NASA launched a sounding rocket that formed colorful clouds in space, visible from New York to North Carolina.
These colorful, drifting clouds help scientists study the movement of particles in the upper atmosphere.
July 4 fireworks came early when a NASA Terrier-Improved Malemute sounding rocket was successfully launched at 4:25 a.m., Thursday, June 29, from the agency’s Wallops Flight Facility in Virginia.
During the 8-minute flight, 10 canisters about the size of a soft drink can were ejected in space, 6 to 12 miles away from the 670-pound main payload.
The canisters deployed blue-green and red vapor that formed artificial clouds visible from New York to North Carolina.
During an ionosphere or aurora science mission, these clouds, or vapor tracers, allow scientists on the ground to visually track particle motions in space.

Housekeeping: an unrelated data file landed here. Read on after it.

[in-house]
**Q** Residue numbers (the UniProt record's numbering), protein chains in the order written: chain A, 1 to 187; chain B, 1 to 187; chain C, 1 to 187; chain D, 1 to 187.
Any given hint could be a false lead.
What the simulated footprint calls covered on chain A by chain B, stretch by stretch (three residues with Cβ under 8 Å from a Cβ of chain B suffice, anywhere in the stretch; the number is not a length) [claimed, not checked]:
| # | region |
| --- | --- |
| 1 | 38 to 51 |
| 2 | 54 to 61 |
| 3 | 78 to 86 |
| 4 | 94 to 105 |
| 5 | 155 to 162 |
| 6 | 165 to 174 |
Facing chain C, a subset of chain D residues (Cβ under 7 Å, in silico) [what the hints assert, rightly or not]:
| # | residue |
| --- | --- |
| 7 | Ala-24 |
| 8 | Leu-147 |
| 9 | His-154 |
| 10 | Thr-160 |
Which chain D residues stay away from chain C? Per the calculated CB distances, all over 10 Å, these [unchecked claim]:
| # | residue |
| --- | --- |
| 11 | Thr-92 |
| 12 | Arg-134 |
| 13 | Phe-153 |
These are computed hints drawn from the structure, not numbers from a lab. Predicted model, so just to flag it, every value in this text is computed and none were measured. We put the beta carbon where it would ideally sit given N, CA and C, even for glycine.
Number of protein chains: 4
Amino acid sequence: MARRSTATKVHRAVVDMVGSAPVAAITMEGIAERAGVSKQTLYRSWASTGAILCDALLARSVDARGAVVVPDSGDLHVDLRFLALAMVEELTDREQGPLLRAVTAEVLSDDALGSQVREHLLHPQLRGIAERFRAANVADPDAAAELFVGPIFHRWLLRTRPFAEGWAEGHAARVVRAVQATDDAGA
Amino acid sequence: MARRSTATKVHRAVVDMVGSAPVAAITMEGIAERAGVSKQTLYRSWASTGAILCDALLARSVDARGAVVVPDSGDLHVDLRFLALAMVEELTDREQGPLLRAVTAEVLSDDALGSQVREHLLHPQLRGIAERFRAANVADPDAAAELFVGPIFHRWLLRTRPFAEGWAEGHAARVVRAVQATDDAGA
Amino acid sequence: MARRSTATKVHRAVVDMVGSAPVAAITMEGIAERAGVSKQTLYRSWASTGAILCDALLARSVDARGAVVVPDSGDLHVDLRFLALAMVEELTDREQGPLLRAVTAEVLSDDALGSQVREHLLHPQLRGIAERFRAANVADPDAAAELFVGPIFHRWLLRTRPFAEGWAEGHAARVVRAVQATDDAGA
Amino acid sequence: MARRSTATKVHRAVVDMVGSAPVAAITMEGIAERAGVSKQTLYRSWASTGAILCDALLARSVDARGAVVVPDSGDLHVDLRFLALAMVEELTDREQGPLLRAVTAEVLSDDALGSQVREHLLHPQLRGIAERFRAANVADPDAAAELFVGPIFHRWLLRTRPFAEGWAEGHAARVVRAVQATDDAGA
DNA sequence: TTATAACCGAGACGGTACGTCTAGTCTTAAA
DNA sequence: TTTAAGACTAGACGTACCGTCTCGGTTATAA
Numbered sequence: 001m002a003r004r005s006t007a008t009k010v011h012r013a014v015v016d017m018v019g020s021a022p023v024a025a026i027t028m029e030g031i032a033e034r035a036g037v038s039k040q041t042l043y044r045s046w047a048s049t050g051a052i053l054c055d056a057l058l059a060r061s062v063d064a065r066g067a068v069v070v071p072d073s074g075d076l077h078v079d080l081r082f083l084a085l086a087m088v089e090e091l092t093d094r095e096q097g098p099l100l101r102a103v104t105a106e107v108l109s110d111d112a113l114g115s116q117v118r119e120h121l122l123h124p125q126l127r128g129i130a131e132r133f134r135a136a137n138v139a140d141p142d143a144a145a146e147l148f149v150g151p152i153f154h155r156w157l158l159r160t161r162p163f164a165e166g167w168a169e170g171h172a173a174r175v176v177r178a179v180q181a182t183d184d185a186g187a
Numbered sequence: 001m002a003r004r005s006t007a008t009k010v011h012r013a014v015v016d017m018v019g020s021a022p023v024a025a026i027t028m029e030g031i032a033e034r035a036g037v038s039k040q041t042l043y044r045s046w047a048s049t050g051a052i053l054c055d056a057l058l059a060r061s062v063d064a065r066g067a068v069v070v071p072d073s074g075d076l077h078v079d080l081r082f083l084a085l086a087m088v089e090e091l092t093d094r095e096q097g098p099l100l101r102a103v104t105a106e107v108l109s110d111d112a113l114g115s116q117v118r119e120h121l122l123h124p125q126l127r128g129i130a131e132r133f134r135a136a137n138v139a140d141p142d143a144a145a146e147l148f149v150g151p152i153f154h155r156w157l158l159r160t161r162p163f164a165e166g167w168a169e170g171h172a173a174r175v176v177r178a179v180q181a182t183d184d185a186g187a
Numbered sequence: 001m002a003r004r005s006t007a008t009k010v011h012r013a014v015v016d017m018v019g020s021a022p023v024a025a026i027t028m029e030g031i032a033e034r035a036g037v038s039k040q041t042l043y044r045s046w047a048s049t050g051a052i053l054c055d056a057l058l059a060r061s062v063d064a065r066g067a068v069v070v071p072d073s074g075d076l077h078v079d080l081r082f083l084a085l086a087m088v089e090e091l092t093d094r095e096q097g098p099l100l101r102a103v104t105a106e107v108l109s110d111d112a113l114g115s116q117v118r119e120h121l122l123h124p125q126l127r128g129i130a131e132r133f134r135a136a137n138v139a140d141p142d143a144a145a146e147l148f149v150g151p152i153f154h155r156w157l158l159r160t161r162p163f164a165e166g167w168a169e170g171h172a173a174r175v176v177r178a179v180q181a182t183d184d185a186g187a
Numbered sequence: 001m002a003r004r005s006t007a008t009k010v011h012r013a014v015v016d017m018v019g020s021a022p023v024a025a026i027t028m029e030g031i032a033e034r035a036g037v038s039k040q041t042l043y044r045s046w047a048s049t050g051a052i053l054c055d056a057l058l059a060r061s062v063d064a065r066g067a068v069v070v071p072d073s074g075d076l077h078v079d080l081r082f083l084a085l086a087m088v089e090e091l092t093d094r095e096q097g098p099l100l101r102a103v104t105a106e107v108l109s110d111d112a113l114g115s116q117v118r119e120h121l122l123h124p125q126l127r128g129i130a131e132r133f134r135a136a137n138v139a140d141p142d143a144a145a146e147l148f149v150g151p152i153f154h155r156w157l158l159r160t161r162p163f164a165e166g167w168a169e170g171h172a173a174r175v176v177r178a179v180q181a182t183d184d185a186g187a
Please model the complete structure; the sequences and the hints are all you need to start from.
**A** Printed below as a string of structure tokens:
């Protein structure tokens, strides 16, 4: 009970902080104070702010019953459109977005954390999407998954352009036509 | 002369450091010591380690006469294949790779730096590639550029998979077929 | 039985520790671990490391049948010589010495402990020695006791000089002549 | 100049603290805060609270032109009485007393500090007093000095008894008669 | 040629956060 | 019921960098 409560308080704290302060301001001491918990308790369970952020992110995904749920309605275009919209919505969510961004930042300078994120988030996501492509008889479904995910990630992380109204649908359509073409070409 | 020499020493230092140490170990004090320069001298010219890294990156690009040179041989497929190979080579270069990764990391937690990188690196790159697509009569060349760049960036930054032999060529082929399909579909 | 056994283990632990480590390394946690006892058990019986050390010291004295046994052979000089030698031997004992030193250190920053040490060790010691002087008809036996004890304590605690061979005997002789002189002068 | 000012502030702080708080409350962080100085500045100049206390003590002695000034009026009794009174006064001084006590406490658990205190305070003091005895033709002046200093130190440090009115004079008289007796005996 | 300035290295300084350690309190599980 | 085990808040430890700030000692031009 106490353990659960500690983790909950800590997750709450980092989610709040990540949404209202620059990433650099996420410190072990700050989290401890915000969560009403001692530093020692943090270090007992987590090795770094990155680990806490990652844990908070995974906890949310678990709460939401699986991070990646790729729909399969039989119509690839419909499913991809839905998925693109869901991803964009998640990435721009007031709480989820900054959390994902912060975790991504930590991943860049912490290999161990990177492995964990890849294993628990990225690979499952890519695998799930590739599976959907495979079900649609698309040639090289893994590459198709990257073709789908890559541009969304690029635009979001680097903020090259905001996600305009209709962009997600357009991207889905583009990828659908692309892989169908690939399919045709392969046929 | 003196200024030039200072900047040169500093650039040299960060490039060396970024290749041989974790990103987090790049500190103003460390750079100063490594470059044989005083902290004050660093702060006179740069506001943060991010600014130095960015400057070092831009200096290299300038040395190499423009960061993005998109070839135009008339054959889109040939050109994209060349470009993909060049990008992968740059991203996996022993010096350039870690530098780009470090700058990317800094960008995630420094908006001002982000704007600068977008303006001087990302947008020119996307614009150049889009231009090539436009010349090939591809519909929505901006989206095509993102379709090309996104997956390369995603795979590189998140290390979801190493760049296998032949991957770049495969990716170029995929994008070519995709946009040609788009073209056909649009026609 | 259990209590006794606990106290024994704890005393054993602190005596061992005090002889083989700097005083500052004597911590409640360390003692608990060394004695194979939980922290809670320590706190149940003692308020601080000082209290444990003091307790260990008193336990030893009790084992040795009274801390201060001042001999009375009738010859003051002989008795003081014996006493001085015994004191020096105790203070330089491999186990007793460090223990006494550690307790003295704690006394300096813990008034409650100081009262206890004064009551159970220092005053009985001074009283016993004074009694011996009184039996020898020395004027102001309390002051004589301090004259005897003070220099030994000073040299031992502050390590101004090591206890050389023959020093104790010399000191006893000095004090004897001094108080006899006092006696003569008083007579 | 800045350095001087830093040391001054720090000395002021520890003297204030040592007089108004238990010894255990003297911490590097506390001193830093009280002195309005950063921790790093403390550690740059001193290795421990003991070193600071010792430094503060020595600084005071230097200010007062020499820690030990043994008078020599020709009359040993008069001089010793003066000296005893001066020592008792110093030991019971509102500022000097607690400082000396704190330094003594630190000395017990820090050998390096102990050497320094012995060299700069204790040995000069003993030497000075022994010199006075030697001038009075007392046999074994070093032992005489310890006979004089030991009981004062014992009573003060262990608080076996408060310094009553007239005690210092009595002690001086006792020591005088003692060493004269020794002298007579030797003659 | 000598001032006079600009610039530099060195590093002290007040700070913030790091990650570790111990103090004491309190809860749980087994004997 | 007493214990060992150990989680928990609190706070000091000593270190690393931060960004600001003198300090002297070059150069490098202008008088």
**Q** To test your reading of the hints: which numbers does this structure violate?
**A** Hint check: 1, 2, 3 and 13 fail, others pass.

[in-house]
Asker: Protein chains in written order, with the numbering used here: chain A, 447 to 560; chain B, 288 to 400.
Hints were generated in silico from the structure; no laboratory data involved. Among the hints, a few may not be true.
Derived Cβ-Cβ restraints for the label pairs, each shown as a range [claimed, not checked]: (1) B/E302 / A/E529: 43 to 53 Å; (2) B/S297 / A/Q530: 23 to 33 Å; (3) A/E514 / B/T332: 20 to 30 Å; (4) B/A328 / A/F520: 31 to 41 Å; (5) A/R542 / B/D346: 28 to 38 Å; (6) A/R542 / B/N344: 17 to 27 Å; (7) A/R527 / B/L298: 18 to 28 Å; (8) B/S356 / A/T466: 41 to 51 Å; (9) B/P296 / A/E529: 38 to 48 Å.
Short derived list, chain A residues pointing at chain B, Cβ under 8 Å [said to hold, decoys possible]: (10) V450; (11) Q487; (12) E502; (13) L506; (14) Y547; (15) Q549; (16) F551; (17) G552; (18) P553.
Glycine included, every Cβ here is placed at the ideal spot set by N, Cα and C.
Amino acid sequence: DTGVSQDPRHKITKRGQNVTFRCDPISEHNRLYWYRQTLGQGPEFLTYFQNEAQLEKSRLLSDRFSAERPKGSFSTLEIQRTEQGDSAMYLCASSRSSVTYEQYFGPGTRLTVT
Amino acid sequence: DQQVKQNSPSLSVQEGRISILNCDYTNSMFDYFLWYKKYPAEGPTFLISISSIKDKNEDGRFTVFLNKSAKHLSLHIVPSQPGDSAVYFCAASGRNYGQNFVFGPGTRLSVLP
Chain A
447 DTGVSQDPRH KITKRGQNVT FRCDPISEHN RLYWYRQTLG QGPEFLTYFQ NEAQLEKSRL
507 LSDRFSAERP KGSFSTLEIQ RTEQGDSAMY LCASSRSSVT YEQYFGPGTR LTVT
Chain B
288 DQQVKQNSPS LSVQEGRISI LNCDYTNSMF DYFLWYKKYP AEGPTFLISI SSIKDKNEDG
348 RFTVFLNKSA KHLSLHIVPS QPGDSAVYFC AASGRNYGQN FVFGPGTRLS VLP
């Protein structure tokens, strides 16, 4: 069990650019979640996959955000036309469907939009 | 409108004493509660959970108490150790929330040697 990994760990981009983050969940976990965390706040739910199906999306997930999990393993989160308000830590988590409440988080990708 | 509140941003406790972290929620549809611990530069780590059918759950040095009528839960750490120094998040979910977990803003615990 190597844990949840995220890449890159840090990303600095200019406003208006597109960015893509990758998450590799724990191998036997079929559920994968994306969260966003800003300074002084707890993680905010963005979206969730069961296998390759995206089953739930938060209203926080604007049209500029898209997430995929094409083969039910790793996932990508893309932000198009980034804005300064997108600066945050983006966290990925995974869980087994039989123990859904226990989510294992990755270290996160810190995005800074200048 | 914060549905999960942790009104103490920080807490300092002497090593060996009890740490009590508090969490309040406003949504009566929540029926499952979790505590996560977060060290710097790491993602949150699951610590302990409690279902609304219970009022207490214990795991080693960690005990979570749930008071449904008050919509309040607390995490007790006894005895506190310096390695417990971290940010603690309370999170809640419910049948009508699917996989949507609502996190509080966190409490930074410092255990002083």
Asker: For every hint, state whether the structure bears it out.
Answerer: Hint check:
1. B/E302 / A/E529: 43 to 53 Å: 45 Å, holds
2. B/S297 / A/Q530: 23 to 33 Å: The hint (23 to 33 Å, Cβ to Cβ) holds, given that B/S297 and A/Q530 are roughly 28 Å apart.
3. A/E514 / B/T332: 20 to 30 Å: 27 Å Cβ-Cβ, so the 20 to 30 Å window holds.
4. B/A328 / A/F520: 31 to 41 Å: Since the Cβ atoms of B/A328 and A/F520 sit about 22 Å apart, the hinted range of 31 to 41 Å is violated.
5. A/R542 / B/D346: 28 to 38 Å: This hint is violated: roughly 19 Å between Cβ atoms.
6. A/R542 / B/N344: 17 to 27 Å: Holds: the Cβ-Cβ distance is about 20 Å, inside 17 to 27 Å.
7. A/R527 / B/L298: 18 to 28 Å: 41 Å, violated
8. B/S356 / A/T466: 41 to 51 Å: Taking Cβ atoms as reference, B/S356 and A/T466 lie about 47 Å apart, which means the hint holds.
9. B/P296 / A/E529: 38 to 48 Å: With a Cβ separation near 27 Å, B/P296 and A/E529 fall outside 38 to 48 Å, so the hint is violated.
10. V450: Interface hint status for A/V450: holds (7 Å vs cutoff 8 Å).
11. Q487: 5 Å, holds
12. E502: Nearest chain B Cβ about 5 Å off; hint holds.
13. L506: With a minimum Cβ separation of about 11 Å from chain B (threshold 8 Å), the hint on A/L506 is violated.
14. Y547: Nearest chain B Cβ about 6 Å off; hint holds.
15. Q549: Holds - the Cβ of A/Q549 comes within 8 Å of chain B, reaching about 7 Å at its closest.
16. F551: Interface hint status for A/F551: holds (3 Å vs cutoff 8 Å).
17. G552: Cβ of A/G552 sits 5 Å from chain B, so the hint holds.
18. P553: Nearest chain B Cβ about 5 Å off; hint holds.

The development of the multi-canister ampoule ejection system will allow scientists to gather information over a much larger area than previously possible when deploying the tracers just from the main payload.
Terrier-Improved Malemute Launch: Vapor deployment test
The wait is over! The Terrier-Improved Malemute launched this morning, June 29, at 4:25 a.m. An early Independence Day fireworks display!! pic.twitter.com/Y5x6Oz2hu8
— NASA Wallops (@NASA_Wallops) June 29, 2017